Photo Credit: Jewish Press

Miriam brought a tambourine when the Jews escaped Egypt. Why pack an instrument – something that isn’t necessary for survival in the desert – when she could have packed something a little more substantial? I would have chosen to pack more matzah!

Miriam had faith that G-d would save her people from Egyptian slavery. Music conveys emotion too difficult for even our conscious minds to comprehend. It is beyond the rational. It is something more – and that is how it can connect us to something beyond ourselves.


When the Jews crossed the Sea of Reeds and the Egyptians didn’t, Miriam whipped out her tambourine. She played, sang and danced with the other women. The music symbolized their faith and their joy more than words could ever express. We understand that the song that is the human experience connects us even when our stories may be somewhat different.

Sound is not finite. It can’t be written down and thus can never die. Written words are stagnant, whereas spoken words are moving. Sound is a link to the eternal. It connects us to G-d.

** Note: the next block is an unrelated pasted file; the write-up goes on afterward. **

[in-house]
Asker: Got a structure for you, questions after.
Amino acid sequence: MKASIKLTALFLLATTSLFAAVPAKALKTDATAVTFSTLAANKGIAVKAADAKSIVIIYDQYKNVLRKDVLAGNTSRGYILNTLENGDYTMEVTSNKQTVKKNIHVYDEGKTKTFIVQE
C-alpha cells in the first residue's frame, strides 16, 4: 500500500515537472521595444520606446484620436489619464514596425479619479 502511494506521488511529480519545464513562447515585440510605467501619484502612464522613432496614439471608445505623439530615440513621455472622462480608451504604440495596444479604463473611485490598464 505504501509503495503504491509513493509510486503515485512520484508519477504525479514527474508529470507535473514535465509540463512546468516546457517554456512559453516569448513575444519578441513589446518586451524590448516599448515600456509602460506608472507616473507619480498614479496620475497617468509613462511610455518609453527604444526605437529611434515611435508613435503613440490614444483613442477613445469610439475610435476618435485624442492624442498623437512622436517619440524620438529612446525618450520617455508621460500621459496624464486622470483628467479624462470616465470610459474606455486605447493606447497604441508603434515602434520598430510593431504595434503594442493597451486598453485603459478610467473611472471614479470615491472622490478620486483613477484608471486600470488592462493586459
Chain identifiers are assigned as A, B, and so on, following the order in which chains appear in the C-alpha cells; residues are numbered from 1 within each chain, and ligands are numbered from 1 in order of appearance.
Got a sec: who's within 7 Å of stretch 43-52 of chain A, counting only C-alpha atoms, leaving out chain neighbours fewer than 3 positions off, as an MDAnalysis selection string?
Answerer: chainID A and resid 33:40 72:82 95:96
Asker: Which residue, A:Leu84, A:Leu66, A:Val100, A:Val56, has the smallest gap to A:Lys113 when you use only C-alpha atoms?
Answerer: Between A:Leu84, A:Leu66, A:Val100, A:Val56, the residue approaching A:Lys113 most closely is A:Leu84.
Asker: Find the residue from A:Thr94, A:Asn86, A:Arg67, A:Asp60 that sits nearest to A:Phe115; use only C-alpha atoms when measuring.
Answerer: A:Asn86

According to Torah, the earth was created in seven days. There are seven notes on the musical scale. Seven is a very special number in Judaism; it represents completion. Seven symbolizes the spiritual reality of the physical world.

At its essence, music can be an expression of prayer. Perhaps this is why the Hebrew word for prayer, tefillah, and the word for song, shira, have the same numerical equivalent. Through song we can access the true yearnings of our soul, our prayers.

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Daniel Finkelman is a prolific director and producer. He is the founder of SparksNext, a boutique production house based in New York. SparksNext has produced over 100 features, shorts, music videos, documentaries, and commercials.